Blending customs and religions can result in a harmonious union.
Before Lani Higgins walked down an orchid and rose-strewn aisle, a bagpiper in full Scottish regalia entered the ceremony tent playing
Highland Cathedral, in honor of the groom’s Scottish heritage. The performance was followed by a traditional Thai water ceremony, Rod Nam Sang, in which Lani and Scott Gregory cupped their hands over a silver bowl filled with flowers, representing fertility. Lani’s mother draped a white string between the bride and groom’s heads to symbolize their union. The wedding was a celebration of the couple’s distinctive heritages.
Today, more women and men with different ethnic or family backgrounds are falling in love, with multicultural weddings becoming more desirable. Blending both the bride and groom’s ethnicities, values, rituals and religious traditions into one harmonious event that keeps both sets of parents happy in the process demands a little more planning and creativity. It’s a matter of understanding and respect for each culture, and being able to bring those two different aesthetics together into something cohesive.
“The key to a seamless multicultural wedding is to personalize it with traditions or rituals that appeal to both the bride and the groom,” says Dawn Heukshorst of Orlando’s Tickled Pink Brides, who planned the Gregorys’ wedding. “From rehearsal engagements to the ceremony and the reception, multicultural elements can also be incorporated through music, food, décor and entertainment.”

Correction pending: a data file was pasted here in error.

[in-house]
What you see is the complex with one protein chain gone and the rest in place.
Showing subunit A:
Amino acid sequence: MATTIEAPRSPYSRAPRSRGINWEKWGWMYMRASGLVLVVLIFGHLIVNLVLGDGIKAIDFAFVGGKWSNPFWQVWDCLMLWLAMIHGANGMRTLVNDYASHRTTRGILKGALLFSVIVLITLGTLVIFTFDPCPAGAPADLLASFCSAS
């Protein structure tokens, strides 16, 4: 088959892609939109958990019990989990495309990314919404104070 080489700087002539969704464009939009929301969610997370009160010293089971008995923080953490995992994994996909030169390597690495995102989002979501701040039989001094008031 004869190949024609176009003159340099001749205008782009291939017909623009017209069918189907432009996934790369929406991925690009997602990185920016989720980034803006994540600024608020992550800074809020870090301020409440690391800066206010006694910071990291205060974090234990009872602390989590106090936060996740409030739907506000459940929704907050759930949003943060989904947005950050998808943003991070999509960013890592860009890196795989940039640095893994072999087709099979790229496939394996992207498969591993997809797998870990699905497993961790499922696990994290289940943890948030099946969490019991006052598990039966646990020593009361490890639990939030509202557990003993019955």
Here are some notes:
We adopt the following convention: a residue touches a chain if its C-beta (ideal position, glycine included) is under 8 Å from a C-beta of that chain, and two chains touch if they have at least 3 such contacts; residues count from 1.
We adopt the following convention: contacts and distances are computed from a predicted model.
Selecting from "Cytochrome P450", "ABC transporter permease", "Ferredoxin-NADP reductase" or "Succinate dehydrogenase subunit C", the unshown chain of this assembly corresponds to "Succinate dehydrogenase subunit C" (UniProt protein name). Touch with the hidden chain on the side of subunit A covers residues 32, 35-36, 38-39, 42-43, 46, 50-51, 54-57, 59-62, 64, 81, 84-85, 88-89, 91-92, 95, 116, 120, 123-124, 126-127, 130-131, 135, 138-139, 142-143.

For the Gregorys, flowers and décor were potentially tricky decisions since Scotland and Thailand feature opposite climates and sensibilities. So they mixed flowers native to each country in complementary colors within their wedding décor scheme, including fuschia orchids, pink peonies and roses.
The ceremony incorporated religious elements from both families. Scott and Lani performed a Thai wedding ritual, which was followed by personalized vows.
Sometimes incorporating both the bride and groom’s traditions into one ceremony isn’t so easy, especially when there are such sharp contrasts between the two cultures. Each background can be given equal weight throughout the many facets of a wedding event, from the engagement party to bachelor and bachelorette parties, to the ceremony, cocktail hour and reception.
“There are times when separate ceremonies may be necessary to keep the peace on both sides of the family,” says Nikki Khan of Big Bow Events, which specializes in multicultural weddings in Orlando and St. Louis. “If more than one ceremony does take place, don’t spend too much time worrying what your guests will think,” Khan says. “Most of them will inevitably end up enjoying being taken out of their usual comfort zones.”
The reception is the perfect opportunity to bring both sides together into a grand party that celebrates this cultural extravganza. “Décor, music, food and venue can be the great icebreaker for all of the invitees who are now going to be one big family,” adds Khan. Culinary fusion is one of the best ways to show how well cultures blend together.